ReactJS | Conditional Rendering

We have discussed how to create components, how to render components, using proptypes, using states to store information and much more. In our previous articles we had also developed a basic Calculator Application in ReactJS.

There may arise a situation when we want to render something based on some condition. For example, consider the situation of handling a login/logout button. Both the buttons have different functions so they will be separate components. Now, the task is if a user is logged in then we will have to render the Logout component to display the logout button and if the user is not logged in then we will have to render the Login component to display the login button. This is what we call Conditional Rendering in ReactJS. That is to create multiple components and render them based on some conditions. This is also a kind of encapsulation supported by React.

Let us now create a page in React which will have a Message and a Button. The button will read “Login” if the user is not logged in and “Logout” if the user is logged in. We will also add some functionality to this button as upon clicking “Login” the message will read “Welcome User” and the button will change to “Logout” and upon clicking “Logout” the message will change to “Please Login” and the button will change to “Login”.

To do this, we will create a parent component named “Homepage”, two components named “Login” and “Logout” and one more component named “Message”. We will use a state variable named “isLoggedIn” to store the information about whether the user is logged in or not. The value of this variable will change according to the click of the button by the user. The Homepage component will render the Message component to display the message and it will also render one of the components among Login and Logout based on the value stored in isLoggedIn. The Message component will also return different messages based on the value of state isLoggedIn.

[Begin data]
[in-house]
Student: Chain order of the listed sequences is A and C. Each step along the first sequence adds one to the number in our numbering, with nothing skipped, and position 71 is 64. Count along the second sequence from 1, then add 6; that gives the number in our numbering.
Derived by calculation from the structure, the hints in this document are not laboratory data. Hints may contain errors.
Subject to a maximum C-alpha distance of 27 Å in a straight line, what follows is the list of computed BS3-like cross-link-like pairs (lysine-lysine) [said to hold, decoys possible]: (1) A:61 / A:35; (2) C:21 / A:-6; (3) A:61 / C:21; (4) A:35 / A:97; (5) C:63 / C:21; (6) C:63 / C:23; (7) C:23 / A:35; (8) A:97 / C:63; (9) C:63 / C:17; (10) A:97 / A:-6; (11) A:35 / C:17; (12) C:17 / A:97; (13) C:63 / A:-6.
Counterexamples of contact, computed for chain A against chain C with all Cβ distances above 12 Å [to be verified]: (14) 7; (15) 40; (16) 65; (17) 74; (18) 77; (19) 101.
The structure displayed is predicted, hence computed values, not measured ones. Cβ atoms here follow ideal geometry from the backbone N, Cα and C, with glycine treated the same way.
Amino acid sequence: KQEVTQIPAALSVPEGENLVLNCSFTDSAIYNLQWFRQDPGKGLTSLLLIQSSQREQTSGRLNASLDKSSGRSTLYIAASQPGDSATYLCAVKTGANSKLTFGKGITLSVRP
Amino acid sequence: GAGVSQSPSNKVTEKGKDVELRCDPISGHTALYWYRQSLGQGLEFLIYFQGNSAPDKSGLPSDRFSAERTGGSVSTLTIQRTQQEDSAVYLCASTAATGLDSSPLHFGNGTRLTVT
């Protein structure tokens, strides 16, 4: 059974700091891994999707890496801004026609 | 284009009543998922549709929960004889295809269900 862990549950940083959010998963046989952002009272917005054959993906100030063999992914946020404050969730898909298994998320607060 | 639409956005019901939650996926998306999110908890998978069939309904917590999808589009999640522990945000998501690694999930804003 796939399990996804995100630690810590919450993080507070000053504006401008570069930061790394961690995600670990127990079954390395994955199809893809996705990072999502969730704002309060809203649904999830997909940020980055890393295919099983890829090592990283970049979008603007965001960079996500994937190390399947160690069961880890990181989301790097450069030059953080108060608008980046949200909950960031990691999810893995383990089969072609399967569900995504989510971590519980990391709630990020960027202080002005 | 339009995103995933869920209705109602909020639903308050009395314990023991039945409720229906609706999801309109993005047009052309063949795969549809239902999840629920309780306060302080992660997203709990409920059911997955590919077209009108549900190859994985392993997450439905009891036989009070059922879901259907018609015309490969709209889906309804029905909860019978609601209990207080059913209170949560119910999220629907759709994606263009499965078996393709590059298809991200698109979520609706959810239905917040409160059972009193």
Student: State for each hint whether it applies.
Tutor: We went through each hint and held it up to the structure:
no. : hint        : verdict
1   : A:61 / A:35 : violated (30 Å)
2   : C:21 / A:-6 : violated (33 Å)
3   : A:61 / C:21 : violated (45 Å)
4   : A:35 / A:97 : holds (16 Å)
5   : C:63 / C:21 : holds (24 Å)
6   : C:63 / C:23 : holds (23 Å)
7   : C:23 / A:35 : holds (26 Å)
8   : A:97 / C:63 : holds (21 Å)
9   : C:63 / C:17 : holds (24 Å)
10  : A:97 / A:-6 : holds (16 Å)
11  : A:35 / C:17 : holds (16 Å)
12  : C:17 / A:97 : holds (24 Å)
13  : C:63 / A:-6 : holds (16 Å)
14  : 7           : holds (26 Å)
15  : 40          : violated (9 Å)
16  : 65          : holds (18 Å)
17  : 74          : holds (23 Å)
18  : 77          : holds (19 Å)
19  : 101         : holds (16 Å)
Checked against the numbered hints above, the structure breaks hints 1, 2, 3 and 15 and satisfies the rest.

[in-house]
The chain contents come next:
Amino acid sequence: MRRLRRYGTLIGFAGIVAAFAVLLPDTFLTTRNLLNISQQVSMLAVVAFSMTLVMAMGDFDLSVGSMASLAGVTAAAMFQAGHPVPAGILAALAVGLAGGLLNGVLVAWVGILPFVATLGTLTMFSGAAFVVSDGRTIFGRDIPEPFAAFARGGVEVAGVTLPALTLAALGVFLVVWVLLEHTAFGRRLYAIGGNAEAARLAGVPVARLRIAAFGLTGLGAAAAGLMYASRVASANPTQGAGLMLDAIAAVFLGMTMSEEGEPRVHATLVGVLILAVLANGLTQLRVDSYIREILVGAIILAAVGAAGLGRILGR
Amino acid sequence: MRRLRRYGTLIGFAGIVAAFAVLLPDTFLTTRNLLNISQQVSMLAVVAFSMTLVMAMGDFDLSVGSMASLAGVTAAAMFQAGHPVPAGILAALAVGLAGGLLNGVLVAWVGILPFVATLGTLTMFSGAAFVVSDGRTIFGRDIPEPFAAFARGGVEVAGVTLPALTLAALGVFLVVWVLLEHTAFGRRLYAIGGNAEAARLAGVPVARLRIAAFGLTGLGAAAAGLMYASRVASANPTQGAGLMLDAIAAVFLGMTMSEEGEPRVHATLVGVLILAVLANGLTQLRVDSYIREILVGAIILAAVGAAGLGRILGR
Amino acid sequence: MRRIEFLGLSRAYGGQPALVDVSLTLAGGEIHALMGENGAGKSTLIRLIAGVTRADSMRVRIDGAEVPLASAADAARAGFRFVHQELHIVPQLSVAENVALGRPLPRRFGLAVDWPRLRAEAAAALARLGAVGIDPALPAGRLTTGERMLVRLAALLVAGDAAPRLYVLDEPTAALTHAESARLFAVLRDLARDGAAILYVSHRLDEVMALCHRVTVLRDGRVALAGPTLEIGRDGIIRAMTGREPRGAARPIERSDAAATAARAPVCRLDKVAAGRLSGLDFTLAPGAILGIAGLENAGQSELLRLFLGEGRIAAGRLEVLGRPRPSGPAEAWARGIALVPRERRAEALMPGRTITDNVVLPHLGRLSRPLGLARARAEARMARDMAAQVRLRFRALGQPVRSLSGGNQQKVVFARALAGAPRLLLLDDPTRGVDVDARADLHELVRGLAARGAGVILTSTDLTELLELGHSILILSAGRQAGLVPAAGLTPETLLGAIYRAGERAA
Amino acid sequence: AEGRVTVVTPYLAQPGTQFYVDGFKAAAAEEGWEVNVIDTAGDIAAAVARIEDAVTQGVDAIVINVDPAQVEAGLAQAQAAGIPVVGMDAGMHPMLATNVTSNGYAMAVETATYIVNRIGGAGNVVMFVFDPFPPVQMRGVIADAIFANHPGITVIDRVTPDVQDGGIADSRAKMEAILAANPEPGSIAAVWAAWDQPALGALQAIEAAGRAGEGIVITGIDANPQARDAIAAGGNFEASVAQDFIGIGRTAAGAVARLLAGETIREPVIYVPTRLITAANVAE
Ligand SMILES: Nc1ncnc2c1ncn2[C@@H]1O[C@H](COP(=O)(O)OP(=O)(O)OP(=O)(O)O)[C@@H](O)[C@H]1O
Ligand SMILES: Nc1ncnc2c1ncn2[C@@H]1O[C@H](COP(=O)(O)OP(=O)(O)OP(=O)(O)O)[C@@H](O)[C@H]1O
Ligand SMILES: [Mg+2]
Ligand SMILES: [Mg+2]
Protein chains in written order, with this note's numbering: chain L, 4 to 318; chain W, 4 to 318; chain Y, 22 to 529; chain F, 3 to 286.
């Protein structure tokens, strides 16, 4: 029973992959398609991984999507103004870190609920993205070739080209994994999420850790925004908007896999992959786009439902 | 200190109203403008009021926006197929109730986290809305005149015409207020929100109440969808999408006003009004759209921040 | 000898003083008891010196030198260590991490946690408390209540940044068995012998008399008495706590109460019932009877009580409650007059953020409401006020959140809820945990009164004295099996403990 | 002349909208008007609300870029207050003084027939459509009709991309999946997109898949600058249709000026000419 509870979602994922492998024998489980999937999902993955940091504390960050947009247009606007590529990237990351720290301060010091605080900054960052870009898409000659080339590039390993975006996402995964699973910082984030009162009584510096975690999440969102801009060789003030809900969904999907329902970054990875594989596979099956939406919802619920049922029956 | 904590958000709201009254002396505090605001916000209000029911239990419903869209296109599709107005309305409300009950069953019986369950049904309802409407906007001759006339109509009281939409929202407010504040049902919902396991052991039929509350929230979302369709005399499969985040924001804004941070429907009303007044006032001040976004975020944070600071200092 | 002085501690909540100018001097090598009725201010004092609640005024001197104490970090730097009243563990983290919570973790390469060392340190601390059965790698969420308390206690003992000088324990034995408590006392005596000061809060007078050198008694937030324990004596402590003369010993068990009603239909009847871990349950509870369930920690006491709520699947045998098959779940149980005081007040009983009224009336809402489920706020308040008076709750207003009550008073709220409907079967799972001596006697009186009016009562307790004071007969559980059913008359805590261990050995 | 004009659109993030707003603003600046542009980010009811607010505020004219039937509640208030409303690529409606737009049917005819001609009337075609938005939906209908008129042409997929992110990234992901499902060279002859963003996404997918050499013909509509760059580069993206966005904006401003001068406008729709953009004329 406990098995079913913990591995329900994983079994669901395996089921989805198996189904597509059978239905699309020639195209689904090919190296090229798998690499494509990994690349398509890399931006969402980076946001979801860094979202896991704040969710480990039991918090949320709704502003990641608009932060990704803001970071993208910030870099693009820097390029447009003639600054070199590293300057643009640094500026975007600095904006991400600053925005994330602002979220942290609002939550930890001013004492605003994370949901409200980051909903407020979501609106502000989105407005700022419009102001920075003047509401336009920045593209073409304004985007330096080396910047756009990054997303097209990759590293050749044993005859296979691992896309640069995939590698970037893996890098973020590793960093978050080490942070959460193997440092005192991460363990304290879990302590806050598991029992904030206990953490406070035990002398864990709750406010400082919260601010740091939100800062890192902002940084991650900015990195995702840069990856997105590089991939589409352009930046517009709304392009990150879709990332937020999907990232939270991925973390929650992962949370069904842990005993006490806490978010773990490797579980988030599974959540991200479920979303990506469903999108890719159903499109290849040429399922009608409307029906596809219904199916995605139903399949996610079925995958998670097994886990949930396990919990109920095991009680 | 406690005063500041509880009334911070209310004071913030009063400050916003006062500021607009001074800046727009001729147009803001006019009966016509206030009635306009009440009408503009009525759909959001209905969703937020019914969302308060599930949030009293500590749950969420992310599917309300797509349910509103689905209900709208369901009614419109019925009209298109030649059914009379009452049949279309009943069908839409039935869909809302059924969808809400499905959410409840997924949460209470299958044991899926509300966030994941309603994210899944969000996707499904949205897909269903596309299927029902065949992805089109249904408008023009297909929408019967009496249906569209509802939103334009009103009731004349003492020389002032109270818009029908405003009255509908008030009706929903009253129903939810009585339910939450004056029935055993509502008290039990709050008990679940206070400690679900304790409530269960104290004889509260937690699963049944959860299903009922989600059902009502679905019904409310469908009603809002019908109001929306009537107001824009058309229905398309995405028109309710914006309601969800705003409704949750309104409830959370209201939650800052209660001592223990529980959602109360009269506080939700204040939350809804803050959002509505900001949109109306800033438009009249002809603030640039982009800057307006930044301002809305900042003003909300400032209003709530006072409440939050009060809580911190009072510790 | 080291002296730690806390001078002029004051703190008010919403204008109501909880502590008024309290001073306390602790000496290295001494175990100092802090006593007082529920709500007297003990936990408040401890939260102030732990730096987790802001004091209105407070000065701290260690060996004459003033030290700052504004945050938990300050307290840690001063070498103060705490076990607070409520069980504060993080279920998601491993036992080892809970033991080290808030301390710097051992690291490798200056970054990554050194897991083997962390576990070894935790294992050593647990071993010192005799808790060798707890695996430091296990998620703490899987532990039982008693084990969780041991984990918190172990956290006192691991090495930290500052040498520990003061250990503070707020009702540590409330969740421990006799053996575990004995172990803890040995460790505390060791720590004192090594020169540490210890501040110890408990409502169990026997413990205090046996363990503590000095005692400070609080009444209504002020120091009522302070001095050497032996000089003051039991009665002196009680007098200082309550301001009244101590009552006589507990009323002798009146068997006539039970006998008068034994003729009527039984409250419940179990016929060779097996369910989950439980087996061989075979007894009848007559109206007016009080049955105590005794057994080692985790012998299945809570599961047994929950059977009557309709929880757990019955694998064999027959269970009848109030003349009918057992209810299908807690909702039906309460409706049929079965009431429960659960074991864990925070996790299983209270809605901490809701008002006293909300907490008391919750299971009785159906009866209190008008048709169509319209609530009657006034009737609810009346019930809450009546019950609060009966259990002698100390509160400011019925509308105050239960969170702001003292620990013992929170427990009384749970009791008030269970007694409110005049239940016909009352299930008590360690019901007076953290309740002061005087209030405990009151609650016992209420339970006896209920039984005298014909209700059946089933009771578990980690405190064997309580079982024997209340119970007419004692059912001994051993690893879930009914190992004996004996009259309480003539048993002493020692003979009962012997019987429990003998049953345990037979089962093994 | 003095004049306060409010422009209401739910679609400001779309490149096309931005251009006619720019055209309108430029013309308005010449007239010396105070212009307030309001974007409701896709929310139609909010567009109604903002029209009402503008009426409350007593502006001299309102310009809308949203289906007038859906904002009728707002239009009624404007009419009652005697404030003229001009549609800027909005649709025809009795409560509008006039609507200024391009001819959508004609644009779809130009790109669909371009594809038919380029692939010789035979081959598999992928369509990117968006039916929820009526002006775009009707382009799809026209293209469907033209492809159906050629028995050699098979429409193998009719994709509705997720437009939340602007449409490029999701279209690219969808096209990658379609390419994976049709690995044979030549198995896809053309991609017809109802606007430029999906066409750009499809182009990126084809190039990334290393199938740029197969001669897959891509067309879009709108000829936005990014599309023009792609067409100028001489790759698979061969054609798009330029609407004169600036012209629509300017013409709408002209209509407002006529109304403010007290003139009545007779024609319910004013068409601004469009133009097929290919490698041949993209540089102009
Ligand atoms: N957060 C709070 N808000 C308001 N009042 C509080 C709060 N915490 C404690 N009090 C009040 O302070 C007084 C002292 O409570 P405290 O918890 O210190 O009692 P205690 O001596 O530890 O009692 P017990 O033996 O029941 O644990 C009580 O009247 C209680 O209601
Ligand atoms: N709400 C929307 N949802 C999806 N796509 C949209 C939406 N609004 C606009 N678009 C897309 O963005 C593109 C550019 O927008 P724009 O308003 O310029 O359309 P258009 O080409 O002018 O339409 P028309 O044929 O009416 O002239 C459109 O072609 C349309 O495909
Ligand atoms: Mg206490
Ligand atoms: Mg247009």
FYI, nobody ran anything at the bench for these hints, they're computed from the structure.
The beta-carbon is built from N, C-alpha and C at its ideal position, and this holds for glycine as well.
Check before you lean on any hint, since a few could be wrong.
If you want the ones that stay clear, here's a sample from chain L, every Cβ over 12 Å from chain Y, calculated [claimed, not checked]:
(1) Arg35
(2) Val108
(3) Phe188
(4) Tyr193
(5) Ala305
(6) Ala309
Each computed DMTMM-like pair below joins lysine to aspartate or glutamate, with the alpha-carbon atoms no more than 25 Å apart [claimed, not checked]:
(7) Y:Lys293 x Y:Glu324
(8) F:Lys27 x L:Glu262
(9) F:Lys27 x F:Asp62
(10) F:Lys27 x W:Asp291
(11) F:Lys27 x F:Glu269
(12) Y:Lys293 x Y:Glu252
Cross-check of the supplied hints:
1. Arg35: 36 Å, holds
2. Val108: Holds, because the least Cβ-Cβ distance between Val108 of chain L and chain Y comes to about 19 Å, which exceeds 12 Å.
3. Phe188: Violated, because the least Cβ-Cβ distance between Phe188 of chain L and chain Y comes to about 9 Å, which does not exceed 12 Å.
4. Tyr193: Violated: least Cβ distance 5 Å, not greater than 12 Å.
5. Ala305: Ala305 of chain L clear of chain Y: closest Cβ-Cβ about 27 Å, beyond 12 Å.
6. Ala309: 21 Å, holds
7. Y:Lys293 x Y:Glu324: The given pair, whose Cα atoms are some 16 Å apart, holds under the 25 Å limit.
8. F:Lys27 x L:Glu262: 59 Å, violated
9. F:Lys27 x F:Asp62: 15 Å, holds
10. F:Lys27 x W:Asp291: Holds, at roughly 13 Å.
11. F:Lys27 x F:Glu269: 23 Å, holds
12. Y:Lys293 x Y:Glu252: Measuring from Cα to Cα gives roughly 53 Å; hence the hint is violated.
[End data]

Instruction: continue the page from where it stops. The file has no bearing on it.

Let us now look at the complete program to do the above task:



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import React from 'react';
import ReactDOM from 'react-dom';
  
// Message Component
function Message(props)
{
    if (props.isLoggedIn)
        return <h1>Welcome User</h1>;
    else
        return <h1>Please Login</h1>;
}
  
// Login Component
function Login(props)
{
   return(
           <button onClick = {props.clickFunc}>
               Login
           </button>
       );
}
  
// Logout Component
function Logout(props)
{
    return(
           <button onClick = {props.clickFunc}>
               Logout
           </button>
       );
}
  
// Parent Homepage Component
class Homepage extends React.Component{
  
    constructor(props)
    {
        super(props);
  
        this.state = {isLoggedIn : false};
  
        this.ifLoginClicked = this.ifLoginClicked.bind(this);
        this.ifLogoutClicked = this.ifLogoutClicked.bind(this);
    }
  
    ifLoginClicked()
    {
        this.setState({isLoggedIn : true});
    }
  
    ifLogoutClicked()
    {
        this.setState({isLoggedIn : false});
    }
  
    render(){